The oil industry has taken aim at the Renewable Fuel Standard (RFS) in a self-interested bid to retain dominance over America’s transportation fuel sector. Our dependence on oil is stifling consumer choice and jeopardizing our national security. Fixing those issues means diversifying our fuel supply; that means breaking the oil monopoly.
We are a nation addicted to oil and until the RFS was created in 2005, we had no infrastructure to break that addiction. The RFS increases consumer choice and energy security, while simultaneously decreasing the overall negative impacts that oil dependence has on our economy and environment. That benefit –consumer choice – is exactly why the American Fuel and Petrochemical Manufacturers, which spent over $1.6 million lobbying in the fourth quarter of 2012 alone, is funding efforts attacking the policy. Keep reading →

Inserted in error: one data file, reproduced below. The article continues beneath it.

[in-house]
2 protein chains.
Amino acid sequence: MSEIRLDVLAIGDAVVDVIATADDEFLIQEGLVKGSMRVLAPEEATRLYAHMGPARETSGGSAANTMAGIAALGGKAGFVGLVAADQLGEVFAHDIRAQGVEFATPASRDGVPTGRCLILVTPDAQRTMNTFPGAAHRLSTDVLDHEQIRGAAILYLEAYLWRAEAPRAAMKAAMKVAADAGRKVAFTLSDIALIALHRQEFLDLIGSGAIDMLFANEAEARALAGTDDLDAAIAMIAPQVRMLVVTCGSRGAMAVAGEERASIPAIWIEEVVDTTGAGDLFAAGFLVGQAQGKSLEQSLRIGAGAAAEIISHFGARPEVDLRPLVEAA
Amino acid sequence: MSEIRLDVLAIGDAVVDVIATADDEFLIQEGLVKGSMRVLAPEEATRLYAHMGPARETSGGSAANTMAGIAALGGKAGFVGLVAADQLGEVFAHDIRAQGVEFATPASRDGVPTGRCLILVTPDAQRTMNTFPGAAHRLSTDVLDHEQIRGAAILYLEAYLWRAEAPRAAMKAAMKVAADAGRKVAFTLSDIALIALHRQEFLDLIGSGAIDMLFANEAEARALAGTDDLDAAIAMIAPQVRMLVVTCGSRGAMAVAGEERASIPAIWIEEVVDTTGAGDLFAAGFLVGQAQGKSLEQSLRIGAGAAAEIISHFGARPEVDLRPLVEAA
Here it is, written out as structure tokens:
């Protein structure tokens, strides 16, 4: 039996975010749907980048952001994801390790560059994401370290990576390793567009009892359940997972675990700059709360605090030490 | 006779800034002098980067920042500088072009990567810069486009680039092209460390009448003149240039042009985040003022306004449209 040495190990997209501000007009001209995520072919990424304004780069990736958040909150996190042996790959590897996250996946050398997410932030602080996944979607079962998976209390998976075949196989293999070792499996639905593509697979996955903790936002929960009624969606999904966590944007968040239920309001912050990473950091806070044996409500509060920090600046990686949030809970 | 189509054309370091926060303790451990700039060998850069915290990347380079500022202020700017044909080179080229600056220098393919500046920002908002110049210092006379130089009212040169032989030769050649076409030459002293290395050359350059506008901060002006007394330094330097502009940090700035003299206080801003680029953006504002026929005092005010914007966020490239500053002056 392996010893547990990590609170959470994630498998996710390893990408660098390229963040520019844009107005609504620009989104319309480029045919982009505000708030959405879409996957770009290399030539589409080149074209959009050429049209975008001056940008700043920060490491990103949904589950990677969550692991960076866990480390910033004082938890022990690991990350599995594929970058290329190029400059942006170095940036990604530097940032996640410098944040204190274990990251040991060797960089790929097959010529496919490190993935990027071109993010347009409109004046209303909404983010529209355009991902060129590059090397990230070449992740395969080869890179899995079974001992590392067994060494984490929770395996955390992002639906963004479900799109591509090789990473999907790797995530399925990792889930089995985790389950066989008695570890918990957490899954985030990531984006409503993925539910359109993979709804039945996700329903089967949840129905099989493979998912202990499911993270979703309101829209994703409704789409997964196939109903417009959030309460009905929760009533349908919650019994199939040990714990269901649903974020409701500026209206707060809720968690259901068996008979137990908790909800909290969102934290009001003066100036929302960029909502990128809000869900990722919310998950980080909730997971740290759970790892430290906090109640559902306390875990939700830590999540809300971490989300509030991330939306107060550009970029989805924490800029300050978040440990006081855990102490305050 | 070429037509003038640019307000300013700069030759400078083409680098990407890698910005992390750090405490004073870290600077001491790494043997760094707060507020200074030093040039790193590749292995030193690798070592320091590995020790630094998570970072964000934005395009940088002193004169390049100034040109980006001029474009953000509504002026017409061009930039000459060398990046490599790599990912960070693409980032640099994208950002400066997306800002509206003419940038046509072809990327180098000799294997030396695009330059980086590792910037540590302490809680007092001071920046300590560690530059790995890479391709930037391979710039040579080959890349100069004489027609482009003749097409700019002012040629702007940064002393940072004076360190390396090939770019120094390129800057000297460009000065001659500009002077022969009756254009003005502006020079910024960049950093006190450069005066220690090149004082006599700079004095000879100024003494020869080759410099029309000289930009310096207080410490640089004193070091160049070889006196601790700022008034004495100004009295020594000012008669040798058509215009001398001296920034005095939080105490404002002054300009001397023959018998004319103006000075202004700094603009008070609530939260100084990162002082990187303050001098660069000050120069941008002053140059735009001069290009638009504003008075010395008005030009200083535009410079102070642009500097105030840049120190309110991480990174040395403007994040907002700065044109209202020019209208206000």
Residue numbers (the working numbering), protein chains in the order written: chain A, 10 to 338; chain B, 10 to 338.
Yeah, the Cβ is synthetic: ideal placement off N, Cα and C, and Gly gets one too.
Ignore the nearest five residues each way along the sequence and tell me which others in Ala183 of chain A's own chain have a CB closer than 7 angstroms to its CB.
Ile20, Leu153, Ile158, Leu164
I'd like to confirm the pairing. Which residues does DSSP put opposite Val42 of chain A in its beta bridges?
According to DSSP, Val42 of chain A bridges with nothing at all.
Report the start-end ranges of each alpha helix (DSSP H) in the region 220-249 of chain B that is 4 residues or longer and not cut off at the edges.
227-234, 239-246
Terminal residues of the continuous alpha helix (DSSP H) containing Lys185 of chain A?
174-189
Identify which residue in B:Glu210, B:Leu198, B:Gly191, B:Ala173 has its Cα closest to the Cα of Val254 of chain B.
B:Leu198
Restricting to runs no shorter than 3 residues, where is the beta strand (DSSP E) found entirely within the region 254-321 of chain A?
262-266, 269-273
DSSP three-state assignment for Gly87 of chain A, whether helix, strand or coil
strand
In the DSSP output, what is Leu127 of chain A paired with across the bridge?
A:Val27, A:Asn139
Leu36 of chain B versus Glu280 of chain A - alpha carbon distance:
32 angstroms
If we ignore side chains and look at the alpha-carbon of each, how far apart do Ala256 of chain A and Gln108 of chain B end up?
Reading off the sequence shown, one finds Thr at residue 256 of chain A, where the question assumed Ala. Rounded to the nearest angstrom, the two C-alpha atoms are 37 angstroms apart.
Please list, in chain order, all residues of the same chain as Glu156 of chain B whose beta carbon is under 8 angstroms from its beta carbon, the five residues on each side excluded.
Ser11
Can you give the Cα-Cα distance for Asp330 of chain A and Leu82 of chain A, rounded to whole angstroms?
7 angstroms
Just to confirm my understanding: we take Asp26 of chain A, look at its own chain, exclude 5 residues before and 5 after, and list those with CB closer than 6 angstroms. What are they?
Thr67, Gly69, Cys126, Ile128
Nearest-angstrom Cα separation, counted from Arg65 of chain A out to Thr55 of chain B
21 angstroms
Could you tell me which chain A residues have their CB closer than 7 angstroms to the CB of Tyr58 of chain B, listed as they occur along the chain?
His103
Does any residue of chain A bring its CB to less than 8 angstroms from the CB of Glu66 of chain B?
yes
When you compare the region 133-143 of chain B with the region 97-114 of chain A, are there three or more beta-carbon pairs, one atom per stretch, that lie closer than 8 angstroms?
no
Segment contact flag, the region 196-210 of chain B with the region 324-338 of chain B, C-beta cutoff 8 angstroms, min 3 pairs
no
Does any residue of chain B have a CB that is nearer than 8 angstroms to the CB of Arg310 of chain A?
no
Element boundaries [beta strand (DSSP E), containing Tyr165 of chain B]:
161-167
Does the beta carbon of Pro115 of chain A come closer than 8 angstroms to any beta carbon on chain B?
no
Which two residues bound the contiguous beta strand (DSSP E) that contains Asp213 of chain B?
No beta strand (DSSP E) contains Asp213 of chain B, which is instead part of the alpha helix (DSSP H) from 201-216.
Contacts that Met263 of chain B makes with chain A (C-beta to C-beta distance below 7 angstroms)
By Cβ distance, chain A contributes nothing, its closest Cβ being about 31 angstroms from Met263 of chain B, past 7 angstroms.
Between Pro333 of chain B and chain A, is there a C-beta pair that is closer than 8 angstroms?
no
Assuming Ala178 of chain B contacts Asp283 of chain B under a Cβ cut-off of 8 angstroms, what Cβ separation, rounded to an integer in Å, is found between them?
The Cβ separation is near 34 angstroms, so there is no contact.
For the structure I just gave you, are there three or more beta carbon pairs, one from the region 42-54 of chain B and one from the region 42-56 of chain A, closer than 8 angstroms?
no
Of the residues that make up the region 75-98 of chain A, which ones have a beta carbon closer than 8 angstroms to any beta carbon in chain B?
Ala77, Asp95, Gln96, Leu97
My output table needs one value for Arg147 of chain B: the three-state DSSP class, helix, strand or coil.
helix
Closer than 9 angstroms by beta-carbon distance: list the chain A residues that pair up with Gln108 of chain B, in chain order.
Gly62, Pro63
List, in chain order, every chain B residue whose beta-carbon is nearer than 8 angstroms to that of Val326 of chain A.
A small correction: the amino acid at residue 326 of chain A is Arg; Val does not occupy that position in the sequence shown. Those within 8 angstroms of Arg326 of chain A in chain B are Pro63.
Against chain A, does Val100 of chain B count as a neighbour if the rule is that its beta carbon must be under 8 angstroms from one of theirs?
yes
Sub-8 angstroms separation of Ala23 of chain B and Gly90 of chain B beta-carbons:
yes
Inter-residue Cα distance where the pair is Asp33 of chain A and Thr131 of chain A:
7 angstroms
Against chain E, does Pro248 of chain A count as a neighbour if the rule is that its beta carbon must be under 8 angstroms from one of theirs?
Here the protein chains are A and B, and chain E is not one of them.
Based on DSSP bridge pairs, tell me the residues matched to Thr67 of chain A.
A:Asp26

Numerous factors are set to influence US energy policy under the second Obama Administration and during the new Congress, including a leadership change at the EPA, tax code reformation, fracking, the Keystone Pipeline and Alaskan oil exploration, just to name a few.
In this video, Breaking Energy discusses important energy policy considerations for the administration, the 113th Congress and energy companies with Ian Nathan, Manager of Global Gas and LNG at Energy Intelligence Research & Advisory, a consultancy and publisher. Keep reading →